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The U.S. Shale Boom Takes a Break

Life as the World's Swing Producer

A locked gate in front of the former fracking equipment staging area for Exxon is seen in Parachute, Colorado, December 9, 2014. Jim Urquhart / Reuters

Texas used to be the world’s swing producer of oil. In the first half of the twentieth century, the Texas Railroad Commission enforced production quotas to balance markets and keep prices and profits stable. Texas lost that job to OPEC in the 1970s, though, and never gained it back—until now.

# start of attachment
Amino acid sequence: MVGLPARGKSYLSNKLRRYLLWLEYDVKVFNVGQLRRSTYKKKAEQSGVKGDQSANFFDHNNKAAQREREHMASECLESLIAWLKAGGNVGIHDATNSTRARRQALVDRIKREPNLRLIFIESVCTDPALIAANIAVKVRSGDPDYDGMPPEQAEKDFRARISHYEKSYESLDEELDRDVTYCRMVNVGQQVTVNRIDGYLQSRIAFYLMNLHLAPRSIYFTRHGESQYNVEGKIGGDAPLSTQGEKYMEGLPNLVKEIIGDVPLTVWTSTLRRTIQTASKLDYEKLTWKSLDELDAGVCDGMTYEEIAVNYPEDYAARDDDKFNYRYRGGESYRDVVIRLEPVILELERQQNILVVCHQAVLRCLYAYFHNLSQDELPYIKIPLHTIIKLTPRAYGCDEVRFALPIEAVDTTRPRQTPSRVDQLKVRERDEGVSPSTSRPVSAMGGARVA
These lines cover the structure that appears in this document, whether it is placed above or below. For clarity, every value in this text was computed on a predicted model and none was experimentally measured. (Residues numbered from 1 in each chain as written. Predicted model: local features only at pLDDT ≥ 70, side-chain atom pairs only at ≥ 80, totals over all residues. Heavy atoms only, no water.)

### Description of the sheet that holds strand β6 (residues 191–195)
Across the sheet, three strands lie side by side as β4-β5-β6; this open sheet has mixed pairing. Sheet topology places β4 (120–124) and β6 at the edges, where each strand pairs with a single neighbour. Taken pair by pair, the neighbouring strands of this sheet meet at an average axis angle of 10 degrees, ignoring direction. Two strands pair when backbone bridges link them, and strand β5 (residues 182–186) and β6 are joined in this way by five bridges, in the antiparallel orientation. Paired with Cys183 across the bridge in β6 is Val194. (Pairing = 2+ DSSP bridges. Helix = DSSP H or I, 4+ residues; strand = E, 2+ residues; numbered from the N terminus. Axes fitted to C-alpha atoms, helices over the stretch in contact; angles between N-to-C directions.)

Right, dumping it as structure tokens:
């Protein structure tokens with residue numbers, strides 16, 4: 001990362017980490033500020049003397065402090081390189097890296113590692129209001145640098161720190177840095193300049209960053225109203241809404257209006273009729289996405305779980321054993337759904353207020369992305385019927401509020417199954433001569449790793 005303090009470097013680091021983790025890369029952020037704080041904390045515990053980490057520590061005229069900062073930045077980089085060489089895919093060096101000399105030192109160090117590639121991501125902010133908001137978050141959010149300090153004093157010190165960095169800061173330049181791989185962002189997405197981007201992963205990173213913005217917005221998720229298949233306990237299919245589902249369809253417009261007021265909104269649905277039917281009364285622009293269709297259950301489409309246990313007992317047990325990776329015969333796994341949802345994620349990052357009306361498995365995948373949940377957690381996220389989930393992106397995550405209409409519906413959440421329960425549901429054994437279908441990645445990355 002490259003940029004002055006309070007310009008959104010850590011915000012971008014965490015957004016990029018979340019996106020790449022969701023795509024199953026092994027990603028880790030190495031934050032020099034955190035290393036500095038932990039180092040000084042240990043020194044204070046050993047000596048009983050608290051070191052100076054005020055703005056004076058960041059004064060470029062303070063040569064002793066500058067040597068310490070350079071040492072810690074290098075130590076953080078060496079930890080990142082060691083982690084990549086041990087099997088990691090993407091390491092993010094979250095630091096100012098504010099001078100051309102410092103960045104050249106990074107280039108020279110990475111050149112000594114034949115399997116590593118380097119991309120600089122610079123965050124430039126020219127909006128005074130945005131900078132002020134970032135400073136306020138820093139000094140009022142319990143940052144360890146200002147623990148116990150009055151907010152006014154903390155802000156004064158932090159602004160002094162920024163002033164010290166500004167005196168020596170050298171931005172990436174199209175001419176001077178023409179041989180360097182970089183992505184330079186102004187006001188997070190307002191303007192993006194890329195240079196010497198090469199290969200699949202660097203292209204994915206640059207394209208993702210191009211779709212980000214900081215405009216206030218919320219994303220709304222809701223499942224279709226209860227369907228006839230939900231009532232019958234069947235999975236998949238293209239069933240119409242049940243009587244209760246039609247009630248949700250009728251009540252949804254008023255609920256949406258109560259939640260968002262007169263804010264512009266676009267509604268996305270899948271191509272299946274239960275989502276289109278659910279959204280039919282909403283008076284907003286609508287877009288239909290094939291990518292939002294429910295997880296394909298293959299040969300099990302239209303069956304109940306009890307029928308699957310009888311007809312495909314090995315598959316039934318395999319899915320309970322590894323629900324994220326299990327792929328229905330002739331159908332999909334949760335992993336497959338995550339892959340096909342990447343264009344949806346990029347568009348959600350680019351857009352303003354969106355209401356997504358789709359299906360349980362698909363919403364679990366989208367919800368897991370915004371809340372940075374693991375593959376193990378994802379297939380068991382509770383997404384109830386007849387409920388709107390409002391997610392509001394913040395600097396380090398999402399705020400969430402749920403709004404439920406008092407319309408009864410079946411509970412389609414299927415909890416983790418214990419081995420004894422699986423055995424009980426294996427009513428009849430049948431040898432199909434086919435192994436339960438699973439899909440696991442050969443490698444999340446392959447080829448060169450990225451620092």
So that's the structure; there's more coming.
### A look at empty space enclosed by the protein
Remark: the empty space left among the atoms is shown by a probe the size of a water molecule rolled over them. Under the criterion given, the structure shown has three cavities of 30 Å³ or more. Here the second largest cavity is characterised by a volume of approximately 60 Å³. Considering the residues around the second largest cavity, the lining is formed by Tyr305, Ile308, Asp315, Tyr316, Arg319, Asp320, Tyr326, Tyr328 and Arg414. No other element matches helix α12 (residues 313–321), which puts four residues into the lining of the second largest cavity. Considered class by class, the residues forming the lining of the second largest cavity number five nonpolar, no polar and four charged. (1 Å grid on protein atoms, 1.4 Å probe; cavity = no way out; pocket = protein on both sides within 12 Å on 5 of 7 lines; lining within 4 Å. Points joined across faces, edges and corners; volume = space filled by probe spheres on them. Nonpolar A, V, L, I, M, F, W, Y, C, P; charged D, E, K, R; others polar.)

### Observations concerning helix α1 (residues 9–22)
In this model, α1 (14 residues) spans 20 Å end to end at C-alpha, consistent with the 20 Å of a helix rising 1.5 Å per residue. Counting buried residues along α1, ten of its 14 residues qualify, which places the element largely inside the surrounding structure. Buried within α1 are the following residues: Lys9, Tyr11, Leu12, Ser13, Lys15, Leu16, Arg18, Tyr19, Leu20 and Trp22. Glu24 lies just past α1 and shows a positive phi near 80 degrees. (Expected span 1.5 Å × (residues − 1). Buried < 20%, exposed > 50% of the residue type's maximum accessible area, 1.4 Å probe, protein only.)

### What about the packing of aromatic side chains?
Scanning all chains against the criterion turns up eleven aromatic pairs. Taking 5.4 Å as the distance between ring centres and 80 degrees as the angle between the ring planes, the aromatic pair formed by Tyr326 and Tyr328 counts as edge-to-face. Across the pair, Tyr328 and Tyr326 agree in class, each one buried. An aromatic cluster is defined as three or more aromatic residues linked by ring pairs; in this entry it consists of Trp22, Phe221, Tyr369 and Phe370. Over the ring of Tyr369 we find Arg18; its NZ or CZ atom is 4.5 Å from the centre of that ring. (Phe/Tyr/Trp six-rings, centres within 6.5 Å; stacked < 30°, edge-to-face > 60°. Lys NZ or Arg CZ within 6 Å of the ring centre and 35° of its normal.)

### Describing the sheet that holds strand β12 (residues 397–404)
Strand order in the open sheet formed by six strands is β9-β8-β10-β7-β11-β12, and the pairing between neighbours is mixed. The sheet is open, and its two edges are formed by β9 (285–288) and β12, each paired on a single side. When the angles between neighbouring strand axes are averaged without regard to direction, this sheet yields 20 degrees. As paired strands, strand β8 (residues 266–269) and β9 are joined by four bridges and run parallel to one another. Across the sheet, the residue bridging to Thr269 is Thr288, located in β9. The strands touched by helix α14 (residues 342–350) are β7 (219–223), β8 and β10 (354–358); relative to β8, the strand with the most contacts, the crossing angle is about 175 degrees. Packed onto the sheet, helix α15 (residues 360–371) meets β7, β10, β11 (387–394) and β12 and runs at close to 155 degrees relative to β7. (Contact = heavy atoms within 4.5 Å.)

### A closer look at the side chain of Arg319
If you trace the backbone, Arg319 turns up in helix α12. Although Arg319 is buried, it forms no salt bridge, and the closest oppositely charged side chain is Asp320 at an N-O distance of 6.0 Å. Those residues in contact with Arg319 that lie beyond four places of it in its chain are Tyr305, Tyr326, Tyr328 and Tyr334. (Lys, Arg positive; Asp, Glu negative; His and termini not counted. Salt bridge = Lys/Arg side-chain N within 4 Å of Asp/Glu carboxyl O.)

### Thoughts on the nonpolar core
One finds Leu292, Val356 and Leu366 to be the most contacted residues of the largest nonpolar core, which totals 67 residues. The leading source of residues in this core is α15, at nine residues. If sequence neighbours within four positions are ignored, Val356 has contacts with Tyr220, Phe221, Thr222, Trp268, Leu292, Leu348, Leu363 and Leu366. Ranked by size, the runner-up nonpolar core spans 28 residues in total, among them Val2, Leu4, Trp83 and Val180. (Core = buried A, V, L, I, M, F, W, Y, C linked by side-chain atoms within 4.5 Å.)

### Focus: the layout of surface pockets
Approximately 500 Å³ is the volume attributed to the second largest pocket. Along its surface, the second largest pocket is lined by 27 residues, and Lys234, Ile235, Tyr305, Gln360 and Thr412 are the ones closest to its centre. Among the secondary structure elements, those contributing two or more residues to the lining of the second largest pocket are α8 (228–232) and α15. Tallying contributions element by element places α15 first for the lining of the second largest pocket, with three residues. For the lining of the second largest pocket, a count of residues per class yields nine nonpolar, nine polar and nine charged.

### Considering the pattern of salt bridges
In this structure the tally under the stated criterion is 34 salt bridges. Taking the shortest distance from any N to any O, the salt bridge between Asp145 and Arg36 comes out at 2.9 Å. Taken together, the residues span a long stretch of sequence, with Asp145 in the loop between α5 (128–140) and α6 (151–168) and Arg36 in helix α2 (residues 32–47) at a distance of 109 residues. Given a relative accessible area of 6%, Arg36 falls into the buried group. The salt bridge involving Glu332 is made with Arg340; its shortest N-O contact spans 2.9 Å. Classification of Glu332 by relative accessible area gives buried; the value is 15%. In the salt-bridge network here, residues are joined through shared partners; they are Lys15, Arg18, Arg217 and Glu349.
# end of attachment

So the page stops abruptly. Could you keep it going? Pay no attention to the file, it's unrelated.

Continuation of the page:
The momentous shift became evident in the weeks after OPEC’s November decision to hold oil production steady in the face of weakening prices. It was time, Saudi oil minister Ali Naimi said, for another producer to idle his rigs. With Saudi Arabia standing firm, prices plummeted. Crude lost half its value between June and December 2014. Within a few weeks, it became apparent that someone would heed Naimi’s command, and that OPEC’s do-nothing strategy would succeed, at least in the short term.

Starting in January, scattered roughnecks toiling on thousands of dusty pads across the Middle

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